CRAWFORD — Keeping up with a 66-year-old ex-president was the challenge Friday for 14 young U.S. soldiers wounded in the country’s wars in Afghanistan and Iraq.
On the second day of the three-day 100-kilometer ride, George W. Bush led the group for 30 miles across his 1,600-acre Prairie Chapel Ranch, outside of Crawford, about 50 miles northeast of Killeen.
“He’s in great shape,” retired Staff Sgt. Omar Romney said, after finishing Friday’s 30-mile ride. “I was asking him to take it easy on us and he was kind enough to oblige.”
The soldiers carried extraordinary handicaps, such as retired Staff Sgt. Michael DeWitt, who lost both arms to a rocket-propelled grenade explosion in Iraq.
Out of respect for the soldiers’ handicaps, the president explained the humility of his advantage.
“I am amazed, I’m riding with a guy who’s got a prosthesis and thankfully he held back,” Bush said.
The event brought awareness to the many organizations that help veterans recover from battle, including Team 4Mil, the Navy Seal Foundation and the Combat Wounded Veteran Challenge.
Sgt. 1st Class Manuel Colón, 39, rode the 30-mile route Friday while recovering from treatment of several battle wounds and cancer.
“After all of the things I’ve done, I’ve never done anything like this,” Colón said.
The active-duty soldier began his career as a soldier in Killeen in 1993, signing up at a recruiting office at the Killeen Mall, he said.
Colón deployed to Afghanistan in 2004 with the 25th Infantry Division. Although he and his unit sustained rocket attacks and other explosions in Afghanistan, it wasn’t until he returned from the front lines that he learned he had been injured.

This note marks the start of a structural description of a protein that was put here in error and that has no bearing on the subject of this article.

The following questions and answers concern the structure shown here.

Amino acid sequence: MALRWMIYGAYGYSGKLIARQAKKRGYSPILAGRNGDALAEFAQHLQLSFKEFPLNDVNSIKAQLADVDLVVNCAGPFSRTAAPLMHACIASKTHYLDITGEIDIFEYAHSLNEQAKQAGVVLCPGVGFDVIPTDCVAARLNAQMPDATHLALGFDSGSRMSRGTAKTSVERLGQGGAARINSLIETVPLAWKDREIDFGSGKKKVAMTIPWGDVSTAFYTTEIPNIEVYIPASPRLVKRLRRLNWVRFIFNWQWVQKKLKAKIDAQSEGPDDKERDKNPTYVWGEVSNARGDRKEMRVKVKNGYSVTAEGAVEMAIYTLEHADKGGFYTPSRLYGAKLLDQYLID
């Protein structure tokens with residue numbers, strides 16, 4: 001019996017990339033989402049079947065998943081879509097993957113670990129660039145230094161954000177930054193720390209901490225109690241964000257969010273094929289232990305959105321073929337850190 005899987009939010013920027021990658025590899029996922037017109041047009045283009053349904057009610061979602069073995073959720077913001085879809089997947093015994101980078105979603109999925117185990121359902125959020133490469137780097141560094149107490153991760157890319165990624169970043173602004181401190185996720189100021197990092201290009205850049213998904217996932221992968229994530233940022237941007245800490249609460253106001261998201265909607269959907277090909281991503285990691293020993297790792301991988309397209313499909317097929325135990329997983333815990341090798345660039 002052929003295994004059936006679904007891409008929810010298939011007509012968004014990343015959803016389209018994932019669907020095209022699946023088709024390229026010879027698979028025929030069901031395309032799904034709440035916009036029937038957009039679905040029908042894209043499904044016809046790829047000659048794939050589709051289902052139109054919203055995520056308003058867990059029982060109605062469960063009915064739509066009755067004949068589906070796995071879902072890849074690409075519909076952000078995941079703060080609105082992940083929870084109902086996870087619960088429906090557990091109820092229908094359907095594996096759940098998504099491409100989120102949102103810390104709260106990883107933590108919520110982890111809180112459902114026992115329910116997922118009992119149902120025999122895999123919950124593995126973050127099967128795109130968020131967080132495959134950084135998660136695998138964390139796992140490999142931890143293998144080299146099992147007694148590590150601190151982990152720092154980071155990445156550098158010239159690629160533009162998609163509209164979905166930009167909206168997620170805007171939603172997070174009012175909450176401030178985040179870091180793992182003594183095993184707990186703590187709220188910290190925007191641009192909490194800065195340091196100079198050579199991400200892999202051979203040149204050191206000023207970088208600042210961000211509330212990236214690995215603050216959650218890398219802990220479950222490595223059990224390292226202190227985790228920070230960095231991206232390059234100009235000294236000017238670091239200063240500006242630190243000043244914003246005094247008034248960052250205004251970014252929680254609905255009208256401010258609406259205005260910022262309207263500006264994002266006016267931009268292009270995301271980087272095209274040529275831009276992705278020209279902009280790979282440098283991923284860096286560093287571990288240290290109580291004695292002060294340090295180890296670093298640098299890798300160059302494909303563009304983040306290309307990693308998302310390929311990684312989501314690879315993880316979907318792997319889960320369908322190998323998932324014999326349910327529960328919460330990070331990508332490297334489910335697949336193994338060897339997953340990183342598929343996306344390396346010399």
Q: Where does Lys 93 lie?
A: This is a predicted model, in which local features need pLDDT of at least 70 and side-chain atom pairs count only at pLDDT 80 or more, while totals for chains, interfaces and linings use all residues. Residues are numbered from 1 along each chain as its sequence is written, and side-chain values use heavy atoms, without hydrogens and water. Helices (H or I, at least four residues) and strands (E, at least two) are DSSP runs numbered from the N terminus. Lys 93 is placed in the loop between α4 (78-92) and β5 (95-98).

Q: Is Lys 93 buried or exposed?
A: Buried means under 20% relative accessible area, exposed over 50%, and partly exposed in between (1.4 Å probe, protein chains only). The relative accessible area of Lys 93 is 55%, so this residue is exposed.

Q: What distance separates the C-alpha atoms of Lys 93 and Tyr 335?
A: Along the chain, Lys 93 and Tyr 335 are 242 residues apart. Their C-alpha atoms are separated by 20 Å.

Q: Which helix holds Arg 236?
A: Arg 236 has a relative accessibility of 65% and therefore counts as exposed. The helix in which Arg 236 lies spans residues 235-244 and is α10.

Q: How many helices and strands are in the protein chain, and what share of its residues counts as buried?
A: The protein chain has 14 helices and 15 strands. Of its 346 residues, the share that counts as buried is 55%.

“I’m one of those soldiers, I don’t go to the hospital until the last second,” Colón said.
On his way out of Afghanistan, he noticed a bump on his head and thought nothing of it. A few weeks later, having trouble fitting into his helmet, he finally went to the doctor.
With characteristic stoicism, the soldier faced a multiple diagnosis of stage 4 follicular non-Hodgkin lymphoma — the cause of the bump — post-traumatic stress disorder and several mild traumatic brain injuries.
“If it hadn’t have been for that bump, I wouldn’t have ever known,” Colón said.
The Army stationed him in Orlando, where he remains under medical review and “the best treatment in the world,” he said.
Sharing the trail with other veterans Friday, some with missing limbs and PTSD, humbled Colón, giving him the sense of camaraderie he has always loved in his military service.
“We have our military culture, we have a lot in common and this puts us back together,” Colón said.
Bush and Fort Hood
Since leaving office in 2009, Bush has stayed out of the limelight; however, his focus on the military has remained strong.
“I don’t miss much about being president but what I do miss is saluting our soldiers,” Bush said during a pre-ride news conference.
After purchasing his Crawford ranch in 1999 at the end of his term as governor of Texas, the land quickly became his favorite getaway — just miles from Fort Hood’s training areas.
Bush said he remembered, during his governorship, when he used to “chopper over (from the ranch to Fort Hood) every Easter.”
“Well, maybe not every Easter,” Bush said. “In my line of work you have got to be careful not to exaggerate.”